Friday, May 01, 2009

My Recent Posts on Dark Reading - April 2009

As I mentioned before, I blog on Dark Reading.

Here are more of my posts from this past month:

Social Networks Blurring The Line Into Citizen Journalism
In 2006, Israel sent forces into Southern Lebanon during what is now known as the 2006 Lebanon War. Israel had security concerns about missiles harming its civilian population, but what it didn't bargain for was military citizen journalism.

Think, for a moment, about the potential chaos of such live war reporting: SMS messages from soldiers up front telling of deaths before families can be notified, or live videos of bloody battles recorded from cell phones and sent to the press.
Conficker's Real Threat
Conficker is a real problem, but the world won't end on April Fool's Day. Here's why.
I love predicting the future and being right. I am proud for not jumping into the Conficker FUD circus.

SCADA Security: What SCADA Security?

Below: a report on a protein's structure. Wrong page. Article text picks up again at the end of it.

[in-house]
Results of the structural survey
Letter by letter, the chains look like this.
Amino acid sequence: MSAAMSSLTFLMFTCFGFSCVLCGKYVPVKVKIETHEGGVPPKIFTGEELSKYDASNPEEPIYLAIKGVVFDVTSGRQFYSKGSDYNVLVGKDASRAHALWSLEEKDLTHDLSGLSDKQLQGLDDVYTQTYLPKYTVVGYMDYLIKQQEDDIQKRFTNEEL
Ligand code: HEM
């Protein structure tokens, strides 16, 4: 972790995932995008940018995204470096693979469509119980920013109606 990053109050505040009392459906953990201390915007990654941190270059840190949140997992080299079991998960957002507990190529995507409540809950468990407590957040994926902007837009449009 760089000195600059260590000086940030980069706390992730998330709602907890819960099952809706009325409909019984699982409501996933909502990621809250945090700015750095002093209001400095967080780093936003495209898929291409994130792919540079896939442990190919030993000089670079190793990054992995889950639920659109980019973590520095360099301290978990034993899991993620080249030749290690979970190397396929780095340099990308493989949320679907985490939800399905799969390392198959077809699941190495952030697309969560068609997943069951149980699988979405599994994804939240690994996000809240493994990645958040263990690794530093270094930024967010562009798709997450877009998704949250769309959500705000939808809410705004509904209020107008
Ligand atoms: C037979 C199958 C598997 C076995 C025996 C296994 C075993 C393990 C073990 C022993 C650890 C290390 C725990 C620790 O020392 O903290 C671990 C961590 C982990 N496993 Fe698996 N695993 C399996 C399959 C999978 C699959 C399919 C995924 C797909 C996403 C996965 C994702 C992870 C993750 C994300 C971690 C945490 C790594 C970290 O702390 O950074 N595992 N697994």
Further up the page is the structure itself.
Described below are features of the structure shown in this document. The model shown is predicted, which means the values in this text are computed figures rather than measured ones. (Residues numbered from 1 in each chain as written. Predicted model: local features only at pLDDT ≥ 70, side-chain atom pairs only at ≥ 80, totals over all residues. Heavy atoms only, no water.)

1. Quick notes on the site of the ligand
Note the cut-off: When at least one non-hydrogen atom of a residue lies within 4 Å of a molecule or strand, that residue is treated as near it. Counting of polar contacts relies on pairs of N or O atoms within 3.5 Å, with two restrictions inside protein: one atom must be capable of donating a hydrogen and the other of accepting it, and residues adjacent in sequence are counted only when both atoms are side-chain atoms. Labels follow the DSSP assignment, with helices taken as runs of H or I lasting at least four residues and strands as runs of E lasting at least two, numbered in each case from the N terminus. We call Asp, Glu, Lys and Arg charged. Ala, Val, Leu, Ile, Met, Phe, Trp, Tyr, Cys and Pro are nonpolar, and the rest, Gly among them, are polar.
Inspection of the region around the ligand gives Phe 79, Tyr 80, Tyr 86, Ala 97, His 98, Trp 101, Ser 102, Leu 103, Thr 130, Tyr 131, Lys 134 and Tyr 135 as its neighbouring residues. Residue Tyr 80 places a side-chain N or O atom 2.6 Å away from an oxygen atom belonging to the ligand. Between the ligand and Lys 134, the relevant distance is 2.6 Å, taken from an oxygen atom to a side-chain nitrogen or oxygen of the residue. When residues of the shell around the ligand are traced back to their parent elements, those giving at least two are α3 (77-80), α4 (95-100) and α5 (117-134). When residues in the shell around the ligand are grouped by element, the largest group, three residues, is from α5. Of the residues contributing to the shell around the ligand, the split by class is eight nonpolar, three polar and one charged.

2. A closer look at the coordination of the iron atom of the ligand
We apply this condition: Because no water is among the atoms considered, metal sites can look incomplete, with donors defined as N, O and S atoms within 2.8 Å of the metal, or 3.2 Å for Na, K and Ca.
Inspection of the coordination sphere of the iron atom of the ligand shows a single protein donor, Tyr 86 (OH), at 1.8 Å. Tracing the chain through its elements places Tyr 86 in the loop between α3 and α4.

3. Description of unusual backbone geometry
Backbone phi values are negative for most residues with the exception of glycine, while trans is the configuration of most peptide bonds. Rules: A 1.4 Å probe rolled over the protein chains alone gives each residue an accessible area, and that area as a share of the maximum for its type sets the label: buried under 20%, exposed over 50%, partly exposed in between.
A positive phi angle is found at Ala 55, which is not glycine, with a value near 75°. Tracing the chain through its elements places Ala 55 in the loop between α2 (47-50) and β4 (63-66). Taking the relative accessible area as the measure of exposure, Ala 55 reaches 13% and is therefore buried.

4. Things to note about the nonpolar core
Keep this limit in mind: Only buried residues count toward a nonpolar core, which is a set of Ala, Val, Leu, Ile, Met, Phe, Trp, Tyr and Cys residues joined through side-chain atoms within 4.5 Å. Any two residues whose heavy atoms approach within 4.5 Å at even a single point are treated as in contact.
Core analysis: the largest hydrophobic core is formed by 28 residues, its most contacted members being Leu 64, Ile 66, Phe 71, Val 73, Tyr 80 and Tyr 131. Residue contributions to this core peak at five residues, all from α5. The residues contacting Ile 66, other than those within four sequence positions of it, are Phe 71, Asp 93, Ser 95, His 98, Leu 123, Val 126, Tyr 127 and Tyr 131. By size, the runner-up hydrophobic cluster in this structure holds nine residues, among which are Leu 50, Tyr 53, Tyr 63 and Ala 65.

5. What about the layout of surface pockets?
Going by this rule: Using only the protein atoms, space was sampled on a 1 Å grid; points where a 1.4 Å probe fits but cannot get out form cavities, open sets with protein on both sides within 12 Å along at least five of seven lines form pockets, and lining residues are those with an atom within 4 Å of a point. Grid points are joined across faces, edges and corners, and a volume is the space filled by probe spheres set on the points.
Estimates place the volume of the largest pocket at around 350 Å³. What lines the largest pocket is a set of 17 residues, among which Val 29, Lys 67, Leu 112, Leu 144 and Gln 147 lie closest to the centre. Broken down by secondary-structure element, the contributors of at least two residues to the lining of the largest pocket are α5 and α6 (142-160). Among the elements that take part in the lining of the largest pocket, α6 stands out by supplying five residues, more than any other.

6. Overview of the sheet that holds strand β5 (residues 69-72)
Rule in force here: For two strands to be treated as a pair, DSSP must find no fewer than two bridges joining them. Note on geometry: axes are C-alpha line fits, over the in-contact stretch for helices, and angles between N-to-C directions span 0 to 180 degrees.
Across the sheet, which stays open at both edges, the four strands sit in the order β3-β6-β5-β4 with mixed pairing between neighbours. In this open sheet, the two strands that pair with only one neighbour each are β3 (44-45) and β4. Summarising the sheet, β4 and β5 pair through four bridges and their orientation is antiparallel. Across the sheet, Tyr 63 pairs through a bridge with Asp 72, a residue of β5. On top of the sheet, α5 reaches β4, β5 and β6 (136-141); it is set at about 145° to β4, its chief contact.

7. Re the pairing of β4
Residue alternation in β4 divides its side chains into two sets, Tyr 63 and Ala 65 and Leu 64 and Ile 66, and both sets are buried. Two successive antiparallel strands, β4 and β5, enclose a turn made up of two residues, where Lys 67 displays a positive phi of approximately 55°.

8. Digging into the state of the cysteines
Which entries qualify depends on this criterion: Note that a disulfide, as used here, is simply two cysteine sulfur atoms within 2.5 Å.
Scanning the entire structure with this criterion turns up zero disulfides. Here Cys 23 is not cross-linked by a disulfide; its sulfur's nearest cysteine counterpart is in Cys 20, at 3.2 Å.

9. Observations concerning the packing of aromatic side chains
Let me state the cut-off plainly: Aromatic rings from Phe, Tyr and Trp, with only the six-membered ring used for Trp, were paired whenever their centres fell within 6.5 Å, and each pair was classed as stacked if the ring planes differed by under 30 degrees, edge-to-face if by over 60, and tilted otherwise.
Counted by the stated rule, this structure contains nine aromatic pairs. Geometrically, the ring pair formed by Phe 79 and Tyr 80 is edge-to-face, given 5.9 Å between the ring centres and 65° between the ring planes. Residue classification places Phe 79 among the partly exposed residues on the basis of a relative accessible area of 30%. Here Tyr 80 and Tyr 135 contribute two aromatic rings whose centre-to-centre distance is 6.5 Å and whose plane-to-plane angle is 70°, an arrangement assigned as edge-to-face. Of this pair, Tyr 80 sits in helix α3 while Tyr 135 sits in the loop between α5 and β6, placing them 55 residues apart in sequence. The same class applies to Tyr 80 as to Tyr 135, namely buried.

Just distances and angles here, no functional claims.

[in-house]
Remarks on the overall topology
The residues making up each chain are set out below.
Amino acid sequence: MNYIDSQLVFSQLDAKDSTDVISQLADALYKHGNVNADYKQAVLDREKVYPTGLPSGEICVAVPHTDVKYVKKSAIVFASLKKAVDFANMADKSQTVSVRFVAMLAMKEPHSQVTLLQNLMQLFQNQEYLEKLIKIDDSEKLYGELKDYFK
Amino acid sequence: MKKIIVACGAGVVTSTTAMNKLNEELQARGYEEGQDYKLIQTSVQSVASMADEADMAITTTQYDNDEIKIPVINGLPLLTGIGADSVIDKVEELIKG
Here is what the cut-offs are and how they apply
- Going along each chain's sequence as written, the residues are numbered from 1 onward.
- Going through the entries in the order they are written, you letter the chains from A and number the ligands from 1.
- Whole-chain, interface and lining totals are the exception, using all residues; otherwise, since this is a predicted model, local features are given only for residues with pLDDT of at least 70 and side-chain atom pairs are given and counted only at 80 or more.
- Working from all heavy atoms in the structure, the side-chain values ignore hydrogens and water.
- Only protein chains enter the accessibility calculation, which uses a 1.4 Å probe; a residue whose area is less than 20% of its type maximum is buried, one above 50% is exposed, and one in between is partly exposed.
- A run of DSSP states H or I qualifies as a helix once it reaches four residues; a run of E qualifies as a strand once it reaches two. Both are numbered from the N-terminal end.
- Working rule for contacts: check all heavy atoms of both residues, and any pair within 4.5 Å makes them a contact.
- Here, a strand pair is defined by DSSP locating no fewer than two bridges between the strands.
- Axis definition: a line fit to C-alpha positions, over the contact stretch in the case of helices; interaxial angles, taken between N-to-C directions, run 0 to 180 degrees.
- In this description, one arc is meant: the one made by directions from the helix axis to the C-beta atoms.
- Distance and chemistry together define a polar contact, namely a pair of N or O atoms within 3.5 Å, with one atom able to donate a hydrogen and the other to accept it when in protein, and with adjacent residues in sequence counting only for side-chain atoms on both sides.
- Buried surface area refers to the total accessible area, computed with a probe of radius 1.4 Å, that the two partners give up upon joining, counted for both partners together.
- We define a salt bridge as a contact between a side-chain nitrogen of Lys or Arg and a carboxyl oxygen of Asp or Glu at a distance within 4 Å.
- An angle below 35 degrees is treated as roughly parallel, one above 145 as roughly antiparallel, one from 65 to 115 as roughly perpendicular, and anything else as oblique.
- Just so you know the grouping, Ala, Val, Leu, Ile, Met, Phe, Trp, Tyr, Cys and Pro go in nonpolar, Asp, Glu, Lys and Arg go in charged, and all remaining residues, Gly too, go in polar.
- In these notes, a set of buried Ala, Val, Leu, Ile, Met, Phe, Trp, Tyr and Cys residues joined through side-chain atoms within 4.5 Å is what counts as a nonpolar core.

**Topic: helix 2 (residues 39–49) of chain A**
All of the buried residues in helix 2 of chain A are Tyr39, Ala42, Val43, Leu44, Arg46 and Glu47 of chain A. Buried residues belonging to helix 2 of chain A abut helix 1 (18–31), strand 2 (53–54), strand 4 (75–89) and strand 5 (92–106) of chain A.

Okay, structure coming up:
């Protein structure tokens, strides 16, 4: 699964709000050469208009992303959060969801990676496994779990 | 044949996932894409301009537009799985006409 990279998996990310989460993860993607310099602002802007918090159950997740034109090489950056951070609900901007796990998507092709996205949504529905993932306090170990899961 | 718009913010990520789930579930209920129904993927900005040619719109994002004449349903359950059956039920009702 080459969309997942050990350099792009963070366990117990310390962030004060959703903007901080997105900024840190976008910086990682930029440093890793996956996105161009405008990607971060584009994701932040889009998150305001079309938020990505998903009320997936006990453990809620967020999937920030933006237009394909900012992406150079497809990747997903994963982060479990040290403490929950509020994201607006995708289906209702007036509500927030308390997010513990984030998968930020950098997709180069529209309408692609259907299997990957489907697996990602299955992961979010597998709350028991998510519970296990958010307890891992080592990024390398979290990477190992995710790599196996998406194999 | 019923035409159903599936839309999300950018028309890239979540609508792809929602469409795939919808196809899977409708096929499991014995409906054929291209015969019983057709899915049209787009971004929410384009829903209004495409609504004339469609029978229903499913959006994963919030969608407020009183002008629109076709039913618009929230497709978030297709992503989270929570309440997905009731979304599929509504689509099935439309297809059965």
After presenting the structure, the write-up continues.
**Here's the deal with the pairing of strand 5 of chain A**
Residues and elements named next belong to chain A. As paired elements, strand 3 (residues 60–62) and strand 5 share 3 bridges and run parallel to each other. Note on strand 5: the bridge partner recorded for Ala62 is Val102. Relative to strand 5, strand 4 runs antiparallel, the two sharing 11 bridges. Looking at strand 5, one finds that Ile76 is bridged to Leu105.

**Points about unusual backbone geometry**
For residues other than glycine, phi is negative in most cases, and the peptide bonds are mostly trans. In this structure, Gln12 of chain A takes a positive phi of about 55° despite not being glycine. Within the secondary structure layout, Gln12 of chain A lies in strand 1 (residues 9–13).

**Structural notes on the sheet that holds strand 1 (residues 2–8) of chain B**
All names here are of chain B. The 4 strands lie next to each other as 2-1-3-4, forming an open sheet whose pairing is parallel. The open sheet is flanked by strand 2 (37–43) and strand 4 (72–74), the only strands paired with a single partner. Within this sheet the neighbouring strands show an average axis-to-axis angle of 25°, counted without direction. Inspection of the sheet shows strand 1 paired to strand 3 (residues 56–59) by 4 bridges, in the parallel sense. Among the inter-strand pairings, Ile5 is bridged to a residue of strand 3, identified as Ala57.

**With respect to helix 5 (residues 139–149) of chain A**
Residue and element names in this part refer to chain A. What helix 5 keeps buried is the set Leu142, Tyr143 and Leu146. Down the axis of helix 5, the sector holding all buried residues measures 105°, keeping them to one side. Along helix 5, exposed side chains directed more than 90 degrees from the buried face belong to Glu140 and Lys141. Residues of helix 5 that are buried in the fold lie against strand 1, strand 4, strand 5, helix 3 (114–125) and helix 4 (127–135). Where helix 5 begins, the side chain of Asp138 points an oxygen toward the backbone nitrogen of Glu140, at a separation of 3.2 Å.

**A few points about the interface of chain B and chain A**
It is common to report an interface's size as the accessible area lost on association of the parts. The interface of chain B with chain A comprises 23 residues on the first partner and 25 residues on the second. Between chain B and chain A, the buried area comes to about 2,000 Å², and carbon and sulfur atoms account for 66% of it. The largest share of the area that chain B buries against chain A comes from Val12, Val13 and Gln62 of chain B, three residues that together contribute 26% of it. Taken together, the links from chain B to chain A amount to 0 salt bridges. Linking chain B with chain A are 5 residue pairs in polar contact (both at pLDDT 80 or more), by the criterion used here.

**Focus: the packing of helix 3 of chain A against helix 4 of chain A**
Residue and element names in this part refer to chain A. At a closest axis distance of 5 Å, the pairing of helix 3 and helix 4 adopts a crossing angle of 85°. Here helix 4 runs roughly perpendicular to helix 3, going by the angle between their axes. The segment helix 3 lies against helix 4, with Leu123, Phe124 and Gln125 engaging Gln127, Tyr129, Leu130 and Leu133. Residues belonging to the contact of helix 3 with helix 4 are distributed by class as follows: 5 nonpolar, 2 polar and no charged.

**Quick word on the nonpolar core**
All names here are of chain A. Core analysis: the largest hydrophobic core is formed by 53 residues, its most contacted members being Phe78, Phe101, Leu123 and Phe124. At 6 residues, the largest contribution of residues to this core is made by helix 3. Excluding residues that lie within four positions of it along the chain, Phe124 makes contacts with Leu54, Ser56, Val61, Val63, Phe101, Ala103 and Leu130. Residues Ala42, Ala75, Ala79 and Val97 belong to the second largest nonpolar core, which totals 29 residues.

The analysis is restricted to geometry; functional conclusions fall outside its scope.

SCADA, the control systems for such infrastructure services as water and energy, has us worried whenever critical infrastructure defense is mentioned. Why, then, is it the most insecure industry on the planet?
I published that a day before the WSJ published their hyped story on SCADA spies. I was a good and timely reference. Nice timing!

I'm Interested, But In You
Social engineering is a disturbing aspect of overall security threat analysis because it is the human element that is least in our control. Security and psychology -- once again -- go hand in hand.

Roughly two years ago I wrote about a personal experience that exemplifies how salespeople can try to manipulate you using body language, bringing us to a subject close to hackers' hearts: social engineering.
Analyzing Security Psychology
The integration of psychology into the security strategic-thinking process is critical for the advancement of information security. The human element influences all security controls because all of these controls seek to regulate human behavior.
Gadi Evron,

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